Nathan Elkins has commented on two groups of coins being sold as coming from detectorists in England. See: http://coinarchaeology.blogspot.com/2009/05/having-cake-and-eating-it-too.html
Though I disagree with Nathan's tone and some of his conclusions, I do agree with his main point that artifacts found in the UK should be properly recorded and exported consistently with UK law. In this regard readers should note that the Treasure Act does not necessarily require reporting for individual coin finds , but that the law does encourage voluntary reporting of all finds under the Portable Antiquities Scheme.
I suspect it is quite possible that there was no legal obligation to report the coins if they were found individually. I also suppose it’s possible that the coins were reported by the finders under PAS and then sold to these two dealers, but I readily admit that might not be the case. I also suspect that the US dealers or the finders may have not sought to procure an export license for the coins, though it is possible that the individuals involved might have not realized that an export license was required under UK law.
In any event, the PAS publishes a nice summary of "advice for people buying archaeological artifacts from the UK:" http://www.finds.org.uk/treasure/advice.php
UK authorities also have issued this guidance for the export of cultural goods, including numismatic items: http://www.mla.gov.uk/what/cultural/export/export_licensing
From my perspective, I would be happy if US Customs was more forceful in helping the UK to enforce its fair laws rather than in effect underwriting enforcement of Cyprus' unfair, nationalistic laws by detaining any and all designated coins of Cypriot type based on the erroneous assumption that they "must be stolen" from Cyprus.
Wednesday, May 20, 2009
Nathan Ekins Post on Detectorist Finds from the UK
Posted by Cultural Property Observer at 10:00 AM
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From an ethical standpoint the main issue in this case is that coins advertised as still having "dirt" on them have presumably not been recorded in the PAS database, right? I can certainly see Elkins' point in this regard--the loss of context information for the sake of a sales gimmick is a waste.
On the other hand, I think the constant emphasis of some on UK export licenses is misguided. Aren't we really talking about mere red tape here? The idea that someone will go through the trouble to get an export license every time he sends a low-value coin overseas is rather unrealistic. As far as legal infractions go it's about as heinous as jaywalking or breaking the speed limit. If a coin and its context have been recorded in the PAS database, an export license does not add any further knowledge of use to archaeologists or numismatists.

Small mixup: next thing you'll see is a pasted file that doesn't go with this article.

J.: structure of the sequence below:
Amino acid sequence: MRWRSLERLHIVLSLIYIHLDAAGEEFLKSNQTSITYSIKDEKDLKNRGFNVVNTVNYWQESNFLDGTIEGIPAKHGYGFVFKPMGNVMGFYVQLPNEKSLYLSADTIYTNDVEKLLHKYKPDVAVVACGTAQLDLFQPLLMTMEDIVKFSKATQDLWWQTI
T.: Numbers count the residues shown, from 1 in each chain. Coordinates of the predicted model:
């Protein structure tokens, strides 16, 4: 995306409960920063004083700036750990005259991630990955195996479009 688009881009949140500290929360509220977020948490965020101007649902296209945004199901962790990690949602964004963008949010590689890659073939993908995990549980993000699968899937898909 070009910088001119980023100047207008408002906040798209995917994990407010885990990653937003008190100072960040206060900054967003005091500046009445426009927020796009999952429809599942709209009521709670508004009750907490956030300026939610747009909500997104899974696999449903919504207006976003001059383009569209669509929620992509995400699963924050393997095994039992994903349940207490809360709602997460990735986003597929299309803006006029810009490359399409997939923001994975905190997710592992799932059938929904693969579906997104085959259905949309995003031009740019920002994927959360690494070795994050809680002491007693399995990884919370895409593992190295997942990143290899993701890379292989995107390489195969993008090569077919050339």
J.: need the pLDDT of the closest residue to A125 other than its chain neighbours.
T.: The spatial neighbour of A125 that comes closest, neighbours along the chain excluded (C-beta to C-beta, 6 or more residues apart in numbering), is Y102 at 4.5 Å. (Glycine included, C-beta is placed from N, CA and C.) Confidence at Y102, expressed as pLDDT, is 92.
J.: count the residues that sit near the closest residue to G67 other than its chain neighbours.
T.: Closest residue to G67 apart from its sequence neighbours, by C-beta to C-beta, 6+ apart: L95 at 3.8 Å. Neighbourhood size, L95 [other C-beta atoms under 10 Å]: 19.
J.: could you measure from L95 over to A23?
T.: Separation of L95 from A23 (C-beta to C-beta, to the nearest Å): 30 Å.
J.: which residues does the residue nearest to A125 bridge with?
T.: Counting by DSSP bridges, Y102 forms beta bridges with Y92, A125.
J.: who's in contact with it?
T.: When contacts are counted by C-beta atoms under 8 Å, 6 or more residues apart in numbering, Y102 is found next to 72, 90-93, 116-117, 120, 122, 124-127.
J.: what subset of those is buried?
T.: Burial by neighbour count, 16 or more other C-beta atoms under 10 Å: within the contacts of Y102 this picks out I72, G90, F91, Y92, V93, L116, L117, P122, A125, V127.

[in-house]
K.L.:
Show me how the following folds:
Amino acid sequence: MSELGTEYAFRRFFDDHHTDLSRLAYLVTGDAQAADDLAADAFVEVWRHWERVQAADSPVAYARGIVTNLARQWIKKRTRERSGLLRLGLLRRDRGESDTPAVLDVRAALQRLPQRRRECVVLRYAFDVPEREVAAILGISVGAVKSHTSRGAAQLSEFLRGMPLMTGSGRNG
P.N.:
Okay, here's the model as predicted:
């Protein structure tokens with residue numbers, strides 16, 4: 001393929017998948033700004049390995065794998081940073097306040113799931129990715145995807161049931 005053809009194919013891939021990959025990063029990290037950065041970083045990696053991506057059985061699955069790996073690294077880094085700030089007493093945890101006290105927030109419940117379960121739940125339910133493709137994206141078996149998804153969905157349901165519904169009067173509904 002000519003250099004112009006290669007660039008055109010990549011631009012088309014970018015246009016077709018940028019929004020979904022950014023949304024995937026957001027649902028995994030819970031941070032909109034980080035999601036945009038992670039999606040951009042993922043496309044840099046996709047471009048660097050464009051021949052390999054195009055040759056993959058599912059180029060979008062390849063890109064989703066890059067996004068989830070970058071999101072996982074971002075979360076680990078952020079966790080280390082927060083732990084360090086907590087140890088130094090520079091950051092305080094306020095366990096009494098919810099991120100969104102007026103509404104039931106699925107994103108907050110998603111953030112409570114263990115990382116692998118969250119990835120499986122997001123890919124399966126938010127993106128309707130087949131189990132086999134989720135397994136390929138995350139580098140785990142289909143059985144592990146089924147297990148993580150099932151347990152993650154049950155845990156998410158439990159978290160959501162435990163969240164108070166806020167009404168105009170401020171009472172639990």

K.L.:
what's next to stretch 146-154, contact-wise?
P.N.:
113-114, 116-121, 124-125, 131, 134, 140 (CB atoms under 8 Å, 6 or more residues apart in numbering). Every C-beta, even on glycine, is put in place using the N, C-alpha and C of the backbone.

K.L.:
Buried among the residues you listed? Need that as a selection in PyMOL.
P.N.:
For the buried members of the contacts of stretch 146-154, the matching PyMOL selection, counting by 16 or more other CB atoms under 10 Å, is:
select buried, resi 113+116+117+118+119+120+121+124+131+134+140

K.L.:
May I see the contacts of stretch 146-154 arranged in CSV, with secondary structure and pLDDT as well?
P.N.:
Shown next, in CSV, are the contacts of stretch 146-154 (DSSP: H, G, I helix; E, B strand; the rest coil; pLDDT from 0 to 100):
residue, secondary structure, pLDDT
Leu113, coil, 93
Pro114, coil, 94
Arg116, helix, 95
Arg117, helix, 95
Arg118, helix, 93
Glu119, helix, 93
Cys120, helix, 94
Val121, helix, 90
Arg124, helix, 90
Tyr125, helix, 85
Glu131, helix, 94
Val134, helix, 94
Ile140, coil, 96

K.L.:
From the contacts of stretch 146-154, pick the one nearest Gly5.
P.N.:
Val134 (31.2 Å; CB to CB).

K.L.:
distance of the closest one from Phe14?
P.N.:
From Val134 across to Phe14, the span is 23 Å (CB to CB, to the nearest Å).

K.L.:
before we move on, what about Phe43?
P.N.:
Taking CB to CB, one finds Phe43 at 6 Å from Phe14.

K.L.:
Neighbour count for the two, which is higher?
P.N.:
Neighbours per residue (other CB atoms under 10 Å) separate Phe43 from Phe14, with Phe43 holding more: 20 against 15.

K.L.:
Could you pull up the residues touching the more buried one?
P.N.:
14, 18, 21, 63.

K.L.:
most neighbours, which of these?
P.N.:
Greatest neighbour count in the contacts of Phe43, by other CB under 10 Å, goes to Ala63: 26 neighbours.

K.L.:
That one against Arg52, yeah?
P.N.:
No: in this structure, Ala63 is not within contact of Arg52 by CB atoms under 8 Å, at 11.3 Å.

Apparently, Mr. Barford can't read, which is not all that surprising as he more interested in scoring points in his own mind as much as anything else. My original post said this:
Though I disagree with Nathan's tone and some of his conclusions, I do agree with his main point that artifacts found in the UK should be properly recorded and exported consistently with UK law.
On the other hand, following up on Voz's comment, I do wonder whether British authorities would really like to be inundated with export licenses for the material that is discussed here and whether the bother of seeking an export license for such items makes it unlikely even honest people will comply.
Certainly, the even more onerous requirement of seeking export licenses for any and all materials over 50 years old from countries like Italy is probably honored mostly in its breach. See: http://www.nytimes.com/2008/12/18/arts/design/18abroad.html?pagewanted=1&sq=Kimmelman%20Italy&st=cse&scp=1 I wonder how many archaeologists have violated this particular stricture when they travel from Italy or other countries with similar laws.
Now that I have responded to Mr. Barford's question, perhaps he can prevail upon his friend Professor Gill to enlighten us whether he has received any funding from source countries like Greece or related entities. That question would seem to be more pertinent as to the integrity of those who demand complete transparency from other private individuals with regard to private transactions.
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